Tonkori

Name: Tonkori
Type: Chordophones > Composite > Lyres > Yoke.
Hornbostel-Sachs No#: 321.2
Region: Hokkaido.
Country: Japan.

Description: The tonkori [in Katakana / Japanese: トンコリ tonkori] is a plucked string instrument played by the Ainu people of Hokkaidō, northern Japan and Sakhalin. It generally has five strings, which are not stopped or fretted but simply played “open”. There are also three-string and six-string tonkori, but they are very rare. In the Edo period, almost the same instruments existed in the Soya region of Hokkaido, the coastal region of Okhotsk and Teshio [Bifuka].

History: The instrument is believed to have been developed in Sakhalin. By the 1970s the instrument was practically extinct, but is experiencing a revival along with the increased interest in Ainu heritage.

Etymology: The term tonkori is an onomatopoeic description of the sound of the instrument. The tonkori was also referred to as the ka [“string”] The late-1800s explorer A. H. Savage Landor documented the tonkori, stating that it was referred to only as mukko [“musical instrument”]. Linguist Emiko Ohnuki-Tierney noted that /tonkori/ was sometimes pronounced with either a voiced or voiceless stop on the initial sound: [donkori] or [tonkori]. One 1962 French publication notes the usage of the spelling donkori in an earlier work,[17] while the 1969 Asian Review appears to use tonguri and tongari as alternate spellings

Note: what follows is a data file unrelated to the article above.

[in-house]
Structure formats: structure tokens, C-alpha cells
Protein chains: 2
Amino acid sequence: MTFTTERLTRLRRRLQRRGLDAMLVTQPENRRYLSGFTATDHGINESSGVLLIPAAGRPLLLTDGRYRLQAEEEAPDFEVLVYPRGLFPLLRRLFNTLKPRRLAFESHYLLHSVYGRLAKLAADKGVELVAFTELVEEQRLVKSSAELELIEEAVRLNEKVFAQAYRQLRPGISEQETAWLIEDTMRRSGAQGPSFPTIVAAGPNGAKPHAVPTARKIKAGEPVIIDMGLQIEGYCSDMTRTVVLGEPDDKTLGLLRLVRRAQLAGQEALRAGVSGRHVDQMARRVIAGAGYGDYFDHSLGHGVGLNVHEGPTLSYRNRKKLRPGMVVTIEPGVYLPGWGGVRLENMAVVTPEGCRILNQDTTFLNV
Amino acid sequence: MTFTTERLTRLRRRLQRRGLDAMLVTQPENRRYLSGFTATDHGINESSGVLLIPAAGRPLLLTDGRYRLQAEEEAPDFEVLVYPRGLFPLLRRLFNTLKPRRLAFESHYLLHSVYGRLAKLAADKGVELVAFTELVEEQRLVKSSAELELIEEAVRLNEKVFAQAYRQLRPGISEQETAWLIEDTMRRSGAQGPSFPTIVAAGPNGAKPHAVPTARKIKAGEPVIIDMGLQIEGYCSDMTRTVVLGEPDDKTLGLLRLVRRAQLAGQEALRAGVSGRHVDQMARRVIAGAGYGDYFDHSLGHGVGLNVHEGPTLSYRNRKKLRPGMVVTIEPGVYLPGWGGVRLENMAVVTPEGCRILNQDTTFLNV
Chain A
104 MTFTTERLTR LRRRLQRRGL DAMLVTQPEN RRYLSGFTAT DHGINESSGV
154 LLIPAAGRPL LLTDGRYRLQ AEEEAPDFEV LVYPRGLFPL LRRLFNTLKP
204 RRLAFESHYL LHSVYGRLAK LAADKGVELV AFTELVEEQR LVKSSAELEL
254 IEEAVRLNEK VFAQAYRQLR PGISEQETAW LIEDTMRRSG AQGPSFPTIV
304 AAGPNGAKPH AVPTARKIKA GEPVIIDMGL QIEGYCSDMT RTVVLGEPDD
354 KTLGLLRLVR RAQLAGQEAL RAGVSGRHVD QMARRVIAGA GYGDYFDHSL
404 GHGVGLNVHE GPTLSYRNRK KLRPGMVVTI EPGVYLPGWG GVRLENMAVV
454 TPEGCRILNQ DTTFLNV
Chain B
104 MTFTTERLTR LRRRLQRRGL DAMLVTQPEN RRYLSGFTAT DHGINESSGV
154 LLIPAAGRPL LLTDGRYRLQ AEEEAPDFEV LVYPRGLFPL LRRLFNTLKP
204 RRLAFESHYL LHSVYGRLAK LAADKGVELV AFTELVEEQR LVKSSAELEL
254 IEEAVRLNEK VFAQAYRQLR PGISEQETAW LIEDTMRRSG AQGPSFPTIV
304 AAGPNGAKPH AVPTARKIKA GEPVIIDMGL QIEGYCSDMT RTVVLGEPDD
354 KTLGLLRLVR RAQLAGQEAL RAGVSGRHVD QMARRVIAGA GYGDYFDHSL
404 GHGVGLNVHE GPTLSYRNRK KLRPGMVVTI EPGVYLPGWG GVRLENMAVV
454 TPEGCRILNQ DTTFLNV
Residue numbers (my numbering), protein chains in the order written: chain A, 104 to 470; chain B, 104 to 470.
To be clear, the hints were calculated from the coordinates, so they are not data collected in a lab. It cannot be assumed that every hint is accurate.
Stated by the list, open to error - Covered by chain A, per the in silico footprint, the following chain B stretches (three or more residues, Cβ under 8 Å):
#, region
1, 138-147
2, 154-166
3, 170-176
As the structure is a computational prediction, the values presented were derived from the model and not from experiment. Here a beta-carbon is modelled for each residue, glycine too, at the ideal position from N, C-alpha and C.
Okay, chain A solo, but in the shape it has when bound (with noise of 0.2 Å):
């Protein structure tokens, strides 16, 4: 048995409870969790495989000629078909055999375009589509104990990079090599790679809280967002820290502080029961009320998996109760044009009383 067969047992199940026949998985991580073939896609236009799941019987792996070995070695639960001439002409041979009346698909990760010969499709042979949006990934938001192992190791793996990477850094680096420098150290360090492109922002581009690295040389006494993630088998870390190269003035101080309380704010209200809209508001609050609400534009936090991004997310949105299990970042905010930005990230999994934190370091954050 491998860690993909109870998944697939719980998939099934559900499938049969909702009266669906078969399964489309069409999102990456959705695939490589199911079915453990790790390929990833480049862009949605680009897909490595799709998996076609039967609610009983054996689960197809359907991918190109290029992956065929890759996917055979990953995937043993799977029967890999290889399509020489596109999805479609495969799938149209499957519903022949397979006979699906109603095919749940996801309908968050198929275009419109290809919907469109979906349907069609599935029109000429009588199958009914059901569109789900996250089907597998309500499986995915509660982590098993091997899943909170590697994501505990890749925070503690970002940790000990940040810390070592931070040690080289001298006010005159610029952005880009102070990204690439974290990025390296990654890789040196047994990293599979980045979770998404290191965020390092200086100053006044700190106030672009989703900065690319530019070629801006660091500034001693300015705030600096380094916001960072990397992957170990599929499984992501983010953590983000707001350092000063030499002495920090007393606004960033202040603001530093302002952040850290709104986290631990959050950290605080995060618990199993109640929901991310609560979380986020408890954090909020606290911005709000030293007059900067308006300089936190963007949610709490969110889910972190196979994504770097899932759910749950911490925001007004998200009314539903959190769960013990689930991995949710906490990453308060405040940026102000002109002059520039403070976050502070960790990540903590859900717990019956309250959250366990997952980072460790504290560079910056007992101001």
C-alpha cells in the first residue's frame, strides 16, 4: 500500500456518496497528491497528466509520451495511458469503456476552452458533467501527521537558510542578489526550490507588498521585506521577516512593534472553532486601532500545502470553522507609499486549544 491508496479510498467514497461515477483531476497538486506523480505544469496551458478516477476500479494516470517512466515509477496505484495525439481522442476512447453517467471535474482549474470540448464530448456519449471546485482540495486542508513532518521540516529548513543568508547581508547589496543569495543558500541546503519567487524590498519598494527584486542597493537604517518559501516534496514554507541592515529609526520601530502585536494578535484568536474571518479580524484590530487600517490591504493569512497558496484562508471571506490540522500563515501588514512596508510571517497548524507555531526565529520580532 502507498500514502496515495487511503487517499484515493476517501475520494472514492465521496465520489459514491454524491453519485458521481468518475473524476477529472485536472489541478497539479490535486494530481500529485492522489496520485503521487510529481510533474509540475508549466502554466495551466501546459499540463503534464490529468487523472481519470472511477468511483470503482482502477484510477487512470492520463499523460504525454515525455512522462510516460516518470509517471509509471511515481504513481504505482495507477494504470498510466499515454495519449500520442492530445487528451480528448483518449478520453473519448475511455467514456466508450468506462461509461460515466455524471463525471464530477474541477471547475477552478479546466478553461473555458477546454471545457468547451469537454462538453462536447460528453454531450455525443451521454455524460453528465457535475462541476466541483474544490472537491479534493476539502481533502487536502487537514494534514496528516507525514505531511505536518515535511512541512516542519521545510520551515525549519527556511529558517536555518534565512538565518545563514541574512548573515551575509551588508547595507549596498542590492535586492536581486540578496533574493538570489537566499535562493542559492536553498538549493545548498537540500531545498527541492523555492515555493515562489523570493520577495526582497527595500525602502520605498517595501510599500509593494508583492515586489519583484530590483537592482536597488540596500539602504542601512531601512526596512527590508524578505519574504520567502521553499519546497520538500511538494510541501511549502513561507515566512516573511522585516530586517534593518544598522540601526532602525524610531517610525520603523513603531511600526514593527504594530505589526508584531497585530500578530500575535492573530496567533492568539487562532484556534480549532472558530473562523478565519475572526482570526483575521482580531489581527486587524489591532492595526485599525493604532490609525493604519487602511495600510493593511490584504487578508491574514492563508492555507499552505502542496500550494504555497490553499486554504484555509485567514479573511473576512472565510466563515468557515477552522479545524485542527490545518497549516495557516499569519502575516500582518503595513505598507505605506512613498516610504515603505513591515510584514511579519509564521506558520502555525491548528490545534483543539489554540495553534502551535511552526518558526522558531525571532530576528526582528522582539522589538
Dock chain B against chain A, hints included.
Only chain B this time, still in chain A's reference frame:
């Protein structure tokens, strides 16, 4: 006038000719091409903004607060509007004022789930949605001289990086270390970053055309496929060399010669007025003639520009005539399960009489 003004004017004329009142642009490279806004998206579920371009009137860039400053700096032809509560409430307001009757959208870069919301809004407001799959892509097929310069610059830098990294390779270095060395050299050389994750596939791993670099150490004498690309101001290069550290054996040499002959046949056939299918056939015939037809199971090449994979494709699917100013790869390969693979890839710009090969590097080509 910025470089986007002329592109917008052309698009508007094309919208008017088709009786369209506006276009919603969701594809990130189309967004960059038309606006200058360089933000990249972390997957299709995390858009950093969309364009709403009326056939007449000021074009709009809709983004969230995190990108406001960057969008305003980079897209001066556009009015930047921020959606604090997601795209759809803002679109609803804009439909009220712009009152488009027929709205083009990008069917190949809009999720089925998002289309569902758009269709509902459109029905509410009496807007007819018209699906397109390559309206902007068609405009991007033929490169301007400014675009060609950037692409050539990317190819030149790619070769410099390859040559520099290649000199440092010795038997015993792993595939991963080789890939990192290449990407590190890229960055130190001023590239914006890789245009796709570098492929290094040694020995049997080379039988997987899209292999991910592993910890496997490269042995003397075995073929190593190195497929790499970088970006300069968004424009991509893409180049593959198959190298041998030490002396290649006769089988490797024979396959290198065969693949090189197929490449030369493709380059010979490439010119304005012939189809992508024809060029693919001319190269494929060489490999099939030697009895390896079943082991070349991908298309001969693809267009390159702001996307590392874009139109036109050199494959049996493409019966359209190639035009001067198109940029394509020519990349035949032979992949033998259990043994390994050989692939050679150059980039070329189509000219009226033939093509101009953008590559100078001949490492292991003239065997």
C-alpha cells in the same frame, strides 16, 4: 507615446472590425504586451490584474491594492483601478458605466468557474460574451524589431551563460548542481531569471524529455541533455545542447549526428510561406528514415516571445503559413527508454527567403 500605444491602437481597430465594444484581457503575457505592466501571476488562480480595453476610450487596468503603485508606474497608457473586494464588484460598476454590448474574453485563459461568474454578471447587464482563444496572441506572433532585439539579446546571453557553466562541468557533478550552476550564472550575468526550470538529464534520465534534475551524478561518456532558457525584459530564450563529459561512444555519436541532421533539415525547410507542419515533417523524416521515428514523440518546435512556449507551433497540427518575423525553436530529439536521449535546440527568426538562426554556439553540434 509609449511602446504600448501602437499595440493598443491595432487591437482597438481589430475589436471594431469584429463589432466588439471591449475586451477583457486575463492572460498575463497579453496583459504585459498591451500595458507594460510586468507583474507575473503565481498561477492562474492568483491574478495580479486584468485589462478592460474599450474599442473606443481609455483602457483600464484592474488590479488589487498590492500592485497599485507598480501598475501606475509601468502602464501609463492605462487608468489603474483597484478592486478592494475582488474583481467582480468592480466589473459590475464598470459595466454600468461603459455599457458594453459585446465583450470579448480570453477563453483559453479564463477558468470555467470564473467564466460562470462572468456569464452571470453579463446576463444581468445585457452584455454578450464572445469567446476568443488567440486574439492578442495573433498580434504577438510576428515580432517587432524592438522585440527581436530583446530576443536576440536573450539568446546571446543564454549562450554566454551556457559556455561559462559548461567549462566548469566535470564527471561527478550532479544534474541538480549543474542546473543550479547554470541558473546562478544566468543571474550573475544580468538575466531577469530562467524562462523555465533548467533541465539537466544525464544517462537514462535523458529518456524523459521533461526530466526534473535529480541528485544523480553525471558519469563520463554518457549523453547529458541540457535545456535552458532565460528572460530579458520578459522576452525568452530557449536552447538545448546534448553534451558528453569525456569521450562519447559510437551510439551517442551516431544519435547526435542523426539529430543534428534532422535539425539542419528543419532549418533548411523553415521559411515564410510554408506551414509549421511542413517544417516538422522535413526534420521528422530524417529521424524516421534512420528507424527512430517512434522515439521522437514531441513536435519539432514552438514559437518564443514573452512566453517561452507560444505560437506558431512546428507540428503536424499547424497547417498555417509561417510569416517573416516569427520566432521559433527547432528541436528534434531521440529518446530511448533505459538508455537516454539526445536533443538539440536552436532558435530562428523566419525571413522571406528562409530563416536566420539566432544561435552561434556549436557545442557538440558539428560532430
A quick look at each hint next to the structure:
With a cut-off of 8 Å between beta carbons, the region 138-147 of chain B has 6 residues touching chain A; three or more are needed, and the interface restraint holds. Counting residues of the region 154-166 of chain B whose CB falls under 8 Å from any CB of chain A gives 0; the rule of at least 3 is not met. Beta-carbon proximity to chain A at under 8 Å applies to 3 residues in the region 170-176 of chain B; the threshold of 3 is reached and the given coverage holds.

Citations: Bibliography: William P. Malm 1959. Japanese music and musical instruments. C. E. Tuttle Co. p. 247 ; Takashi Ogawa ~ Traditional Music of the Ainu Journal of the International Folk Music Council, Vol. 13, 1961 – Notes that at publication the instrument was only found in museums ; Alison Tokita 2008. The Ashgate Research Companion to Japanese Music. Ashgate Publishing, Ltd. pp. 338–. ISBN 978-0-7546-5699-9 ; New Grove Dictionary of Music and Musicians Vol. 12 pg 383f ; The Ainu Tonkori: A Manual for Learning and Guide to Performance Practice, Jack Claar, Dr. Joseph Amato ; Websites:

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